Alchymy Viols collaborates with some of the nation’s finest gambists and other soloists, choirs, and instrumentalists to present music from the 16th-18th centuries. Performers include Allison Edberg Nyquist, Janelle Davis, Martie Perry and Brandi Berry Benson, violin; Wendy Gillespie, tenor viol; Erica Rubis, bass viol; Philip Spray, violone; Tom Gerber, harpsichord; Mark Cudek, percussion; Sung Lee, oboe, recorder, traverso; Kali Page and Joe Caruana, dancers; Carrie Henneman Shaw, soprano; Sarah Edgar, director and dancer; and guest Paulina Francisco, soprano.

Tuesday, July 9

HESPERUS | “The Hunchback of Notre Dame”

HESPERUS creates the soundtrack for the 1923 silent film “The Hunchback of Notre Dame” with music from fourteenth and fifteenth century France. Compositions include French and Burgundian music from 1300-1500, featuring Guillaume de Machaut, Jehan l’Escurel, Guillaume Dufay, as well as lesser-known composers such as Jean Vaillant, Robert Morton and Borlet.

HESPERUS brings history alive with silent movie scores, cultural fusions and single-genre early music programs. Performers include Tina Chancey, vielle, rebec, kamenj, lyra; Grant Herried, tenor, medieval lute; Priscilla Herried, recorders, shawm; and Nell Snaidas, soprano.

Friday, July 12

Calmus | “Faith and Madness”

With a perfect blend of sound and precision, the vocal ensemble Calmus creates a program of a dialogue between sacred music masterpieces followed by madrigals that portray madness, love, war and loneliness. Composers include Giovanni Pierluigi da Palestrina, Heinrich Schütz, Claudio Monteverdi, Carlo Gesualdo, Clément Janequin and others.

Performers include Anja Pöche, soprano; Stefan Kahle, countertenor; Tobias Pöche, tenor; Ludwig Böhme, baritone; and Manuel Helmeke, bass.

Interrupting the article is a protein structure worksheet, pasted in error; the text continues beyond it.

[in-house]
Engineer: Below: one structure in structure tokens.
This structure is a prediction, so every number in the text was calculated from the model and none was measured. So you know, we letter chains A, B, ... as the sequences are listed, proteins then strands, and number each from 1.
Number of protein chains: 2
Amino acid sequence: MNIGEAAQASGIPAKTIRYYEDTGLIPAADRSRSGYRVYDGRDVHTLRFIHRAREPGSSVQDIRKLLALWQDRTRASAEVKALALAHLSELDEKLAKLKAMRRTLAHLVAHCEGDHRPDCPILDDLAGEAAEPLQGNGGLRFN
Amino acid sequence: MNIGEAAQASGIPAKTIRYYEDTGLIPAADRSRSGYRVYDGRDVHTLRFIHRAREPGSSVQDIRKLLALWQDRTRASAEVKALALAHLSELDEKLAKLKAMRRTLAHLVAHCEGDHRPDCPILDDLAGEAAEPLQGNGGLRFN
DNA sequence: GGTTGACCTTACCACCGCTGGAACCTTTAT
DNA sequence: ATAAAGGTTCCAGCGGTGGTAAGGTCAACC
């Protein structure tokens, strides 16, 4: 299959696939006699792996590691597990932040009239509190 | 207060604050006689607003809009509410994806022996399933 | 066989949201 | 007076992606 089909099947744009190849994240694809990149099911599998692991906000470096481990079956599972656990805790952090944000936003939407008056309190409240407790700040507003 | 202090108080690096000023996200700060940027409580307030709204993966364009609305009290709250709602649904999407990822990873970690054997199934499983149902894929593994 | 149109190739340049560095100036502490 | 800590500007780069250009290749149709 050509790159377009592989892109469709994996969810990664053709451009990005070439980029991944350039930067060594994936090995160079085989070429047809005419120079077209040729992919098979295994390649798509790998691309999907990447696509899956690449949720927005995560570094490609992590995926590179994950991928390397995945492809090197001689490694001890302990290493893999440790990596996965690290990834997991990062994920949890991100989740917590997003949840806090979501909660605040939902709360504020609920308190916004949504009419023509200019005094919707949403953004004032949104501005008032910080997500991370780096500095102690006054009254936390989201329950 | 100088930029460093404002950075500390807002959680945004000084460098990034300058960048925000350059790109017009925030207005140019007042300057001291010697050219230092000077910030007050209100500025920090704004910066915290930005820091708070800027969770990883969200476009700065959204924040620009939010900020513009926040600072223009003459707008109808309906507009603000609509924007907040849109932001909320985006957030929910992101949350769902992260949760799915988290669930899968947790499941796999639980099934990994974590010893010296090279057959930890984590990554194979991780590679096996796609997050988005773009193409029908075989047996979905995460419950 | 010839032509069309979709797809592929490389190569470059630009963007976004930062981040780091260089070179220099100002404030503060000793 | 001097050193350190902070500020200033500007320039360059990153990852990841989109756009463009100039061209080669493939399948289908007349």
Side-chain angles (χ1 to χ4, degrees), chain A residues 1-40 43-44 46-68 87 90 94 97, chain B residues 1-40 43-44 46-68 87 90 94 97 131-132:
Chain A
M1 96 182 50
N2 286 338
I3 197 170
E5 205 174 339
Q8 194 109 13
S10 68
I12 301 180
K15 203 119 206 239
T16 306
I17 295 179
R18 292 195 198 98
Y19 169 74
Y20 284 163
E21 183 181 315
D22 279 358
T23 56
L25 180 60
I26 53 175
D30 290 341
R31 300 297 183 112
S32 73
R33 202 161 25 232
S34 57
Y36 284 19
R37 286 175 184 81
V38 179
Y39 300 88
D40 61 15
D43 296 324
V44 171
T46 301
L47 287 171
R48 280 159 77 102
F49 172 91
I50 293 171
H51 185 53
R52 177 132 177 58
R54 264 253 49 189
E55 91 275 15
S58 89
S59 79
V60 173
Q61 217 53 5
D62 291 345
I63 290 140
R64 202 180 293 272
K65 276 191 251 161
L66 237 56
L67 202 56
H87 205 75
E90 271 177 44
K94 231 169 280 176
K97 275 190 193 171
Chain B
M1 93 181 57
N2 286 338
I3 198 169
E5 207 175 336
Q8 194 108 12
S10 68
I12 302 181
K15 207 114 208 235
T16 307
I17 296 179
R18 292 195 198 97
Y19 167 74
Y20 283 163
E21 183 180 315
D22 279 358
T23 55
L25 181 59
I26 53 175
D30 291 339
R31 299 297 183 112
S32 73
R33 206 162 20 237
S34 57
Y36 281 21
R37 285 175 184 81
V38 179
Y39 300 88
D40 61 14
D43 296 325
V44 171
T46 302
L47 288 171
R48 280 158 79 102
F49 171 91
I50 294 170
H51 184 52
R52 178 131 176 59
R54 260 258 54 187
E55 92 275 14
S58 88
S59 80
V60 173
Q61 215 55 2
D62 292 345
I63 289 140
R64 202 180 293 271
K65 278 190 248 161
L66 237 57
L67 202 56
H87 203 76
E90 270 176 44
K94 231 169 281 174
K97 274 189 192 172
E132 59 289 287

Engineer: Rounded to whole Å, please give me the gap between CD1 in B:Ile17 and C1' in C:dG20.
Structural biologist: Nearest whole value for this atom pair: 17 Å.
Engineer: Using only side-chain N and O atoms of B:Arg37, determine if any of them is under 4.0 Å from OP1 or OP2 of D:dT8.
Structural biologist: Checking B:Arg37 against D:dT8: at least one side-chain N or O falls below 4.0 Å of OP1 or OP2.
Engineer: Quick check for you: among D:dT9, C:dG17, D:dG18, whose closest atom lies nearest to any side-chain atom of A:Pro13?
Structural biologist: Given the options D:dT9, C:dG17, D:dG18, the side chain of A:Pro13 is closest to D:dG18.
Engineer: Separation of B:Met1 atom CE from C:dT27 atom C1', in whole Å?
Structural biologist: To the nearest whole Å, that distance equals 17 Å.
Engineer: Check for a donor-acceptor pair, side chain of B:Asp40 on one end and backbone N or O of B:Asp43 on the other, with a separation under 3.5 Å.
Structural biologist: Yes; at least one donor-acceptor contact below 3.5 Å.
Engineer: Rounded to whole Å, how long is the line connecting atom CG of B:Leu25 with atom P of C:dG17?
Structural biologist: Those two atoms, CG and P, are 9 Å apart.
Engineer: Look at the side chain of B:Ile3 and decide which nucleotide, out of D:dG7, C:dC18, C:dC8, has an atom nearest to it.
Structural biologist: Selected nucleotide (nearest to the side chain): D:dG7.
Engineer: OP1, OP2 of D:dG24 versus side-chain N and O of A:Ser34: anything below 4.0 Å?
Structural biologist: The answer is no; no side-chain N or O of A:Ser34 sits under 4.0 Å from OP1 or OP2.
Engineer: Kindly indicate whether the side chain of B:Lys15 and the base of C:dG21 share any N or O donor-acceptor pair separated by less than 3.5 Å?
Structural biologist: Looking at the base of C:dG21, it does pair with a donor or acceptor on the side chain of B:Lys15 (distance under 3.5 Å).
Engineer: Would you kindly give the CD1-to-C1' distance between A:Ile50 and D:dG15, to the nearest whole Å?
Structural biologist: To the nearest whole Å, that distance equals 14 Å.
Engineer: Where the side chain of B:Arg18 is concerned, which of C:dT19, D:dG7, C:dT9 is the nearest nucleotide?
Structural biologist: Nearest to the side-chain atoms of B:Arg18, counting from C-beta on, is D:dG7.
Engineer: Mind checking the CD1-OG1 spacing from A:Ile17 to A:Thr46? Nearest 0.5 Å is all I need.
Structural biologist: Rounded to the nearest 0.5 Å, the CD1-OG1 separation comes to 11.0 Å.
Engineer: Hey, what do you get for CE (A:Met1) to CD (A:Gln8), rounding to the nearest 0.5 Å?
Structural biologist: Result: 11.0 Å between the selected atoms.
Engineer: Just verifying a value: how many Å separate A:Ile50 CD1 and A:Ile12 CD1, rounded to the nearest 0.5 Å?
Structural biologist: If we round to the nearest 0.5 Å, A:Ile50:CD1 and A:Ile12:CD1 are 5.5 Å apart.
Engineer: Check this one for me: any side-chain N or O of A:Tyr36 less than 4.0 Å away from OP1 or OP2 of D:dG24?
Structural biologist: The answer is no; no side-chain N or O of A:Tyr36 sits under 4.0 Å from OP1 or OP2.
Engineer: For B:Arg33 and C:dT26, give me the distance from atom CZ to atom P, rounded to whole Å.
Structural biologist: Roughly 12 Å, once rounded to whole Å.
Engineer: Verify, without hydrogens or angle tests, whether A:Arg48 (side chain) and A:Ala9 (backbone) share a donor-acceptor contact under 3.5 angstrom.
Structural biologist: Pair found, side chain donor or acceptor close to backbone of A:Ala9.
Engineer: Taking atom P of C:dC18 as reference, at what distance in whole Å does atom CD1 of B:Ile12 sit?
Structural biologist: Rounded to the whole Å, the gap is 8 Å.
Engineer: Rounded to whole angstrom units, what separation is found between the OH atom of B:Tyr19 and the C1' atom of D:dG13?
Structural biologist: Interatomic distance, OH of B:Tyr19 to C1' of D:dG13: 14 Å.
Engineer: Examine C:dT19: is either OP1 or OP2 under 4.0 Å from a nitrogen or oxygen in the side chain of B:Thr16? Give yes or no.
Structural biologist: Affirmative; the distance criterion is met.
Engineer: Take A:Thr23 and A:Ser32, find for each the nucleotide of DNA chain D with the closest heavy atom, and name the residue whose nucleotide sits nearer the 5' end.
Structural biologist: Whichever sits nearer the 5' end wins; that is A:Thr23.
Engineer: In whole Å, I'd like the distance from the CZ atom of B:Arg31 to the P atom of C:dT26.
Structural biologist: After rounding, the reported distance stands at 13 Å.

Saturday, July 13

All-Festival Concert | “Musical Postcards from the Grand Tour”

Designed and directed by Grant Herreid, this program is inspired by the writings of Thomas Coryat, an English 17th century travel writer. The journey begins in London during the Stuart period. The music will transport people to Paris, Venice, Rome, Dresden, and return back to London during the reign of Charles II. Composers include Claudio Monteverdi, Giacomo Carissimi, Heinrich Schütz, and Henry Purcell. The All-Festival Concert will include all the participants and faculty.

Dance Event and Free Concerts

Thursday, July 11

MEMF Dance Event “Grand Tour Dance Excursions”

Great Hall, Memorial Union, 800 Langdon St. | 7:30 p.m. | $10

Features music and dance instruction by MEMF Faculty. Suggested cash donation of $10 at the door, free to MEMF workshop participants and faculty.

Friday, July 12

MEMF Participant Concert

Mills Concert Hall, 455 N. Park St. | 1:00 p.m. | Free

Madison Early Music Festival workshop participants perform in ensembles that have been coached by faculty artists throughout the week of the Festival. No pre-concert lecture.

Saturday, July 13

Advanced Loud Band and Voice Intensive Concert

Morphy Recital Hall, 455 N. Park St. | 2:00 p.m. | Free

Ensemble participants perform a program based on this year’s theme. Loud band instruments include cornetto, shawm, sackbut and dulcian. No pre-concert lecture.

About the Madison Early Music Festival

A program of the UW–Madison Division of the Arts, the Madison Early Music Festival (MEMF) was established in 2000 to provide an opportunity for musicians, scholars, teachers and early music enthusiasts to gather and exchange information and ideas about medieval, Renaissance and baroque music – and to bring acclaimed early music artists and scholars to Madison. Each year, MEMF explores a different cultural, historical and regional theme and offers numerous workshops during the festival to correspond to that specific theme.

MEMF 2019 is presented by UW–Madison Division of the Arts in collaboration with campus partner Mead Witter School of Music. Leadership support provided by Springhill Suites. Generous program support is provided by the UW–Madison Anonymous Fund; The Evjue Foundation, Inc., charitable arm of The Capital Times; and Dane Arts with additional funds from the Endres Mfg. Company Foundation, The Evjue Foundation, Inc., charitable arm of The Capital Times, the W. Jerome Frautschi Foundation and the Pleasant T. Rowland Foundation.

Additional funds provided by the William J. Wartmann Endowment for the Madison Early Music Festival, the Jane Graff Bequest for Madison Early Music Festival and Friends of the Madison Early Music Festival.